1978-12-15, Winterland, San Francisco, CA

Darkness on the Edge of Town Tour
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Notes

Eyewitness accounts

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John Hocking wrote: I'm very lucky to have been at this show, one of Bruce's most highly bootlegged. I can had a little to what is heard on the radio broadcast.

At one point, during the Detroit Medley, I think, Bruce acted like he had been called off the stage. He return after about 30 seconds and asked the band to "bring it down." He announced that he had "been asked by the hall management to ask those with a weak heart or a weak stomach to step out into the lobby during the next section of the show." So something really big must be coming, right.

He and Clarence stood in profile on the left side of the stage, and he said something like, paraphasing, "when we do this you might suffer light enjuries... when we do *this* you might get off with major injuries and a trip to the hospital, but when we do THIS, you're in trouble.

There's a pause and Bruce says, "now all the people on the radio are wondering what we're doing." The audience begins to react, but quietly at first, but as more people get the joke, the response develops into a roar as people realize that we are necessary to play the joke on everyone listening that night, and as it turn out, everyone ever to hear the bootleg for perhaps a 100 years.

What were Bruce and Clarence doing? Essentially nothing. They took a step forward each time he said "this," and did what I would call as under exaggerated hip thrust.

It was a joke on those who could see how little they were doing, but a funny one only if the audience played alone, and we did, as more people realized it was a joke and we were necessary to pull it off. So louder and louder the response came as we realized we were both benificaries and part of the joke.

At the end, after Raise Your Hand, Bruce and the Band were off the stage for three of four minutes. The equipment was off, house lights were turned on and I think post-show music was playing. I say, "I think," because the audience was just roaring at about 115 decibels. (Festival seating - about 5,000 capacity) This transistioned into, "Bruce, Bruce, Bruce, Bruce...and then back into the roar. Finally, Bruce came back by himself. He was completed drenched, as if he had stepped into a shower. He said, "we're off the radio now, but we'll do one more for you guys."

Within a minute or so the band was back on the stage, the equipment back on, and Bruce said, "this is the first song I learned to play on the guitar." It was about ten minutes of Twist and Shout, with Bruce standing on speakers eight or ten feet off the stage for the big ones. [He did not play Quarter to Three - my best guess is that was played the next night, a show I could have easily attended but did not, a mistake I regret to this day.]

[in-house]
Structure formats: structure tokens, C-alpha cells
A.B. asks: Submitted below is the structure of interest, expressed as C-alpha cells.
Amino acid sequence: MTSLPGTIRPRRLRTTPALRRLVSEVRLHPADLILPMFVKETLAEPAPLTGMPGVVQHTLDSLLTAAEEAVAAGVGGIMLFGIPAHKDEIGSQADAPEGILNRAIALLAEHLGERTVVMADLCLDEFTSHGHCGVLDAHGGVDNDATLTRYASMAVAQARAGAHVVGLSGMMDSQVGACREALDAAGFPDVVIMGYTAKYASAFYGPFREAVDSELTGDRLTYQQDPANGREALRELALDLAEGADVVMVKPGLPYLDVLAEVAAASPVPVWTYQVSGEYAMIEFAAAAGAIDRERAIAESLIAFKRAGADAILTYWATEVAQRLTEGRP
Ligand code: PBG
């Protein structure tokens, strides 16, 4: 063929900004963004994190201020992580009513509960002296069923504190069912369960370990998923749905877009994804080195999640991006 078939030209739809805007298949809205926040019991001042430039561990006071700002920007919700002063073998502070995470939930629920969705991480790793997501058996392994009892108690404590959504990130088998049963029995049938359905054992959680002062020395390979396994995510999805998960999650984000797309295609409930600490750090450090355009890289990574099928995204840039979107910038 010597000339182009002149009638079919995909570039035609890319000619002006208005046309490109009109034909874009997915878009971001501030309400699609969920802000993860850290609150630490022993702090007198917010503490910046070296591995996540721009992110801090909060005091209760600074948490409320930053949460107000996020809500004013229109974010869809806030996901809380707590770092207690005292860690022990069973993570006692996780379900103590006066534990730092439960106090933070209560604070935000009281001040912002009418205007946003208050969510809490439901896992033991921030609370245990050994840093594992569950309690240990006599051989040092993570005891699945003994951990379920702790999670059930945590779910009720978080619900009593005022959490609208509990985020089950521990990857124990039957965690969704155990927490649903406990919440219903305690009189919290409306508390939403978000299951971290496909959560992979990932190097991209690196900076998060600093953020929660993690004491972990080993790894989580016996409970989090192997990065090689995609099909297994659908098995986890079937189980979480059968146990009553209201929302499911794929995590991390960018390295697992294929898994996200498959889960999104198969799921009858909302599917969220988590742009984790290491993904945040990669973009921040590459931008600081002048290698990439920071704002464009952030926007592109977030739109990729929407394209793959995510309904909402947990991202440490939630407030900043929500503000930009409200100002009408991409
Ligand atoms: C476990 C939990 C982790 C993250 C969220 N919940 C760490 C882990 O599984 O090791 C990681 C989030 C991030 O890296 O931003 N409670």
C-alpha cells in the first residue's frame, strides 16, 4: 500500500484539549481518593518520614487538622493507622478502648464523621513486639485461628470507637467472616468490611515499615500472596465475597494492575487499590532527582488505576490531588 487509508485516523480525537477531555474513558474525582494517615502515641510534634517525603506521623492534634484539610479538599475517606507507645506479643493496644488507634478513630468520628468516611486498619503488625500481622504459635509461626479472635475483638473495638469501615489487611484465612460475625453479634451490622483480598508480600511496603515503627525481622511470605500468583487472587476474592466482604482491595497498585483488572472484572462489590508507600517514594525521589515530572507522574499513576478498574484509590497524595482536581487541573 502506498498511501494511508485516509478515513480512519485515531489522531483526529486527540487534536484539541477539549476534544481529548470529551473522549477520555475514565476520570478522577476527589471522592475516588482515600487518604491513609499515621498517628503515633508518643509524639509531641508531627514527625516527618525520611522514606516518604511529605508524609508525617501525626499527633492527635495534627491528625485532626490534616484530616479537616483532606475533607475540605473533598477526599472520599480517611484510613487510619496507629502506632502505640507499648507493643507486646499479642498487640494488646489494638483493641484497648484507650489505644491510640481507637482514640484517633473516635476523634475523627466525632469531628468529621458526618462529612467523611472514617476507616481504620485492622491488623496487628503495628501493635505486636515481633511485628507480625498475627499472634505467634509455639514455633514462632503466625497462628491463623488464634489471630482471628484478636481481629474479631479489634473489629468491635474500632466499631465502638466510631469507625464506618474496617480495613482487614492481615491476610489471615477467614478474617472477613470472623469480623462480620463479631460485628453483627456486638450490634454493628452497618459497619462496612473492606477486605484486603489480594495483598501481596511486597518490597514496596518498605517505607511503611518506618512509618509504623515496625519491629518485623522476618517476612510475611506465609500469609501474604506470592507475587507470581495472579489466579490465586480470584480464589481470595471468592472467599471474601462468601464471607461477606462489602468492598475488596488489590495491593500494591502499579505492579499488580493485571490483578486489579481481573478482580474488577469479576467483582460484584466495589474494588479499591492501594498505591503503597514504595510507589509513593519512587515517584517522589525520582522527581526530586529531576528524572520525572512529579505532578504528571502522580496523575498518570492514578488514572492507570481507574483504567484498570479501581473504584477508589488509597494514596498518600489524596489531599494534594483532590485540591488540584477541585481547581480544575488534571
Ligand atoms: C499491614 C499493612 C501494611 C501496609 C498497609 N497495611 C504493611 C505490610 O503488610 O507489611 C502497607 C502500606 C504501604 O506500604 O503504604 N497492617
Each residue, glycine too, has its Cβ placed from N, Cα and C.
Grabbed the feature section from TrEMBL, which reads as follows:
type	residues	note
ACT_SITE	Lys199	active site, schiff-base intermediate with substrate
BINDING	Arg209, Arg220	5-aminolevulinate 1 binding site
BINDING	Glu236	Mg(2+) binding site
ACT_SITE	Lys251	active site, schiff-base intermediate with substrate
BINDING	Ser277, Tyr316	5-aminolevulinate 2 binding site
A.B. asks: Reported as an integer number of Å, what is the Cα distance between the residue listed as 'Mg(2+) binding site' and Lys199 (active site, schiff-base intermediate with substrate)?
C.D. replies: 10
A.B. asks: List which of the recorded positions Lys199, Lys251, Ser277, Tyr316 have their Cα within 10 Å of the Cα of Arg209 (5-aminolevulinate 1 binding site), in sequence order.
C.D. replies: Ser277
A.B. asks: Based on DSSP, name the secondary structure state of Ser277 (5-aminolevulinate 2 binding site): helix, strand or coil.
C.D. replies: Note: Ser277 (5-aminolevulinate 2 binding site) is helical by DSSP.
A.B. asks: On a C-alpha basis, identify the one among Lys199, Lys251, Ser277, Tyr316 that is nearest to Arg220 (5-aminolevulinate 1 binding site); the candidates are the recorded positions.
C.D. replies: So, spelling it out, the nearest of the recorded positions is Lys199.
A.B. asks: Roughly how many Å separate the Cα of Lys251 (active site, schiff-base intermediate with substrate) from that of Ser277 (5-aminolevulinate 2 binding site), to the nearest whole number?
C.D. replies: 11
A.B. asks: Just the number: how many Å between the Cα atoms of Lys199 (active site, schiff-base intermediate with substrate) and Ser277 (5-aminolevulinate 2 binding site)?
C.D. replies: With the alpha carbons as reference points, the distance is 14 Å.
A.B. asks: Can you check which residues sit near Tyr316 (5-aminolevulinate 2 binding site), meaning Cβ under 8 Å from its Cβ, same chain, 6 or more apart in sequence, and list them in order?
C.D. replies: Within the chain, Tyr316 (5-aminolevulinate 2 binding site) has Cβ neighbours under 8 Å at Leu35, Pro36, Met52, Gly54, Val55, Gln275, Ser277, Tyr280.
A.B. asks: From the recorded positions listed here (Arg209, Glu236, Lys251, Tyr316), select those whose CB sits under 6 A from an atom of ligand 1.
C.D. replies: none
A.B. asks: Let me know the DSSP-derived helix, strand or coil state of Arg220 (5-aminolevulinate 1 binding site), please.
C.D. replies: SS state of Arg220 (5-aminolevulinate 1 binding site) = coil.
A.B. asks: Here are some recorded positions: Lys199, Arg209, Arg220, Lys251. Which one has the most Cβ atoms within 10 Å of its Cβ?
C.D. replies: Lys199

At the end, he pulled his shirt open, button flying everywhere, and shouted, "I'm just a prisoner.... of ROCK n' ROLL.

Dave wrote: I was there. He DID play "Quarter to Three" and at the end he said "I Am A Prisoner of Rock And Roll, and I think we've got something in common!" and he slammed the microphone down and left.

John Hocking wrote: Dave, I'm not taking my best guess at what he played. He played Twist & Shout. I'd bet my life on it.

I have an audience boot of the show the next night. He does play Quarter to Three at that 12/16/78 show. If he played two shows at one venue he rarely, if ever, would close with the same song, at least at that point in his career.

You probably were there on the 16th.

John

Anthony Bisti wrote: The radio broadcast of this show can be found on the Wolfgang's Concert Vault website.

John Hocking wrote: It does, Anthony, and you can listen for free, although there are about three seconds between songs, or, I think, pay to download the seamless show.

You do have to join "Wolfgang's Vault," which can be easily found with a google search, but it's free.

The show ends before Twist & Shout was played.

Also the sound at the beginning seems a little lacking in richness - Badlands is the opener, considering it's a soundboard and a radio broadcast. It gets better quickly.

If you haven't heard Backstreets, as played at many Darkness shows, it may put you in shock. When I saw a similar presentation in Atlanta, on September 30, also a radio broadcast, I didn't know what he was doing. I completely lost track that he was still playing Backstreets. That performance of Backstreets was the greatest performance art I have ever seen.

John

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(1988 or 1988-07 or 1988-07-25)




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